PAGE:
Last week's blog post looked at the efficacy of private breathalyzers for personal use. While those devices may give Wisconsin drivers a chance to assess their sobriety before driving, the results of a self-administered test will not be factored into an officer's decision to arrest a person for allegedly driving drunk. A variety of tests can be used to determine a driver's level of intoxication and those blood alcohol tests can be run on a driver's hair, breath, blood, urine or saliva.
Breath and blood tests are most commonly used for determining a driver's blood alcohol content or BAC. While breathalyzer antidotes such as mouthwash and mints generally will not positively impact a driver's breathalyzer result, maintenance performed on an alcohol-testing machine can directly play into whether a driver's reading is accurate.
In particular, breathalyzers should be regularly tested to ensure that they are providing correct readings. This testing is called calibration and is done to safeguard against making faulty readings against individuals whose BAC does not rise above the statutory limit. An improperly calibrated breathalyzer can provide a false-positive against a sober driver and result in that individual facing a drunk-driving related charge.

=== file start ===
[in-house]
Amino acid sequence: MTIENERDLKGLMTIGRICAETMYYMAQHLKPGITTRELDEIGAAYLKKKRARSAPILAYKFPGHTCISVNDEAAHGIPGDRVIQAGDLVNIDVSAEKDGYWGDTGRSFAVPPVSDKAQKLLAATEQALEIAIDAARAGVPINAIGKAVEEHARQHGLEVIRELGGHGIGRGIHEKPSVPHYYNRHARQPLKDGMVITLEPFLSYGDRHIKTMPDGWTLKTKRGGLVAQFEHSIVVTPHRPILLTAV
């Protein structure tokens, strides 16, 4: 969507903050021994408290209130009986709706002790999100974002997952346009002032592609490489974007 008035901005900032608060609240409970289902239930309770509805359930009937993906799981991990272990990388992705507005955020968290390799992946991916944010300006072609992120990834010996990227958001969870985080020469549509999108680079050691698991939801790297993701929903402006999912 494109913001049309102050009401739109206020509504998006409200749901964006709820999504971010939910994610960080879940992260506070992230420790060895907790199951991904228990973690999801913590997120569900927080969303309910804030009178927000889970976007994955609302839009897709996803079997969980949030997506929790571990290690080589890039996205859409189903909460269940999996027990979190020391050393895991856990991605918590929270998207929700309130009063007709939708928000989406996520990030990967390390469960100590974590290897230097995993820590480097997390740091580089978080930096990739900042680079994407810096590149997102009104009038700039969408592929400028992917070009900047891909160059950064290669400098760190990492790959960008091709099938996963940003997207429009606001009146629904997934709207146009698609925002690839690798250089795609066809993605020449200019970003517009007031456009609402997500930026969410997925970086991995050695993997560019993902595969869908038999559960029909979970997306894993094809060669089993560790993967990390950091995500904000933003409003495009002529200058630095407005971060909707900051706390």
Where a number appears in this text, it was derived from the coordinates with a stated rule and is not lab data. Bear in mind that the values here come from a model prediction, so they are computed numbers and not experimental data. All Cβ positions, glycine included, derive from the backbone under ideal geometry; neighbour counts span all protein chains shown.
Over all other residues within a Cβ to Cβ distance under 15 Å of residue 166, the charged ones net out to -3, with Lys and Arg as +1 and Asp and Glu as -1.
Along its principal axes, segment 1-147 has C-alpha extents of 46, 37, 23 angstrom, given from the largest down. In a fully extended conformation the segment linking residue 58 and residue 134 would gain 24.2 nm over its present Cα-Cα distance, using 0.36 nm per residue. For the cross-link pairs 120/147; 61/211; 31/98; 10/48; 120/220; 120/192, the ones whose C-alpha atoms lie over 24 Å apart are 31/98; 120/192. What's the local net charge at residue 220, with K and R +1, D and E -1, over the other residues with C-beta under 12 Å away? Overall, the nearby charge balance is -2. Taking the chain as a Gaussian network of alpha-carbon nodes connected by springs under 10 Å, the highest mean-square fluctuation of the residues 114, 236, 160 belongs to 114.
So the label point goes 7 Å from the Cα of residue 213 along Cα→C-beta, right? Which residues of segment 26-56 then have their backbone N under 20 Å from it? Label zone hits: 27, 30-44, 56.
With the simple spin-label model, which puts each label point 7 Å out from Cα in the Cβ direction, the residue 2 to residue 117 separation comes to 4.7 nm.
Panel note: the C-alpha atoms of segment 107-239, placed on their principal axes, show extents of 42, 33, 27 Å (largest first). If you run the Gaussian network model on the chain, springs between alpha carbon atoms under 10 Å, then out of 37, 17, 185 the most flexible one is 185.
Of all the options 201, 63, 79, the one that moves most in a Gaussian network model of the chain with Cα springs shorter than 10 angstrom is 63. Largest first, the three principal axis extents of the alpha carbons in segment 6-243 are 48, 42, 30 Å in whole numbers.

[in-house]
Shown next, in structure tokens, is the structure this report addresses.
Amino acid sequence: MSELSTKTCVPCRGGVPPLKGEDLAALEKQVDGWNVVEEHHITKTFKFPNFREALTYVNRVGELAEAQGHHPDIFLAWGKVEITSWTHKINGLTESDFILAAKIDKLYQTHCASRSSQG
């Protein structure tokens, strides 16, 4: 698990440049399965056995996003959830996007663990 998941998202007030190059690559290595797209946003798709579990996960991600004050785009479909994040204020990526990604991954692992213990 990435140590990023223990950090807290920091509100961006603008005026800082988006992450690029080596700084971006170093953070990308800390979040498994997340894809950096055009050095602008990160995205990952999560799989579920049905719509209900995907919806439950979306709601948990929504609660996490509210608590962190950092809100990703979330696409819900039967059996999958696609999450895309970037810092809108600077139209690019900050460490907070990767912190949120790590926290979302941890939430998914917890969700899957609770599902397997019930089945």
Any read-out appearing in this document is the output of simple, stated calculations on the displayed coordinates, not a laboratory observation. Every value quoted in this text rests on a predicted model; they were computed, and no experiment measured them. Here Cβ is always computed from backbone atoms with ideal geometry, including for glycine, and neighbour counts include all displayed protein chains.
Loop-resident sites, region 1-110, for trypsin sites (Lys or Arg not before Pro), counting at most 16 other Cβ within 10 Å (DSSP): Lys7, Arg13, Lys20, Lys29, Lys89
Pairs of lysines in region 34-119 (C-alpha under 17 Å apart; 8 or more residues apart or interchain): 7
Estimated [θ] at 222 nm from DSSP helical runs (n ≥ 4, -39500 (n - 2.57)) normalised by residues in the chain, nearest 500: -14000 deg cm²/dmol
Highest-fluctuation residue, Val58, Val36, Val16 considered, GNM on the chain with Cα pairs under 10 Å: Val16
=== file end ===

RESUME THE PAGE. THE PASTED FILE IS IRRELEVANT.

While calibration can be a problem for breath tests, laboratory issues can be problems for the results of blood or urine tests. Contaminated or swapped samples can result in an innocent driver being confused with an intoxicated one and facing crimes related to impaired driving. Human error can be a major issue for laboratories that handle drunk driving tests.
The results of a blood alcohol concentration test may seem definitive but can always be analyzed to ensure they are accurate. Individuals who believe that their testing may have been impacted by calibration or laboratory issues could have defenses to their drunk driving charges. Attorneys who practice DUI defense can help their clients apply defenses to their cases when heard at trial.
Source: FindLaw, "BAC Test FAQs," Accessed on Jan. 22, 2015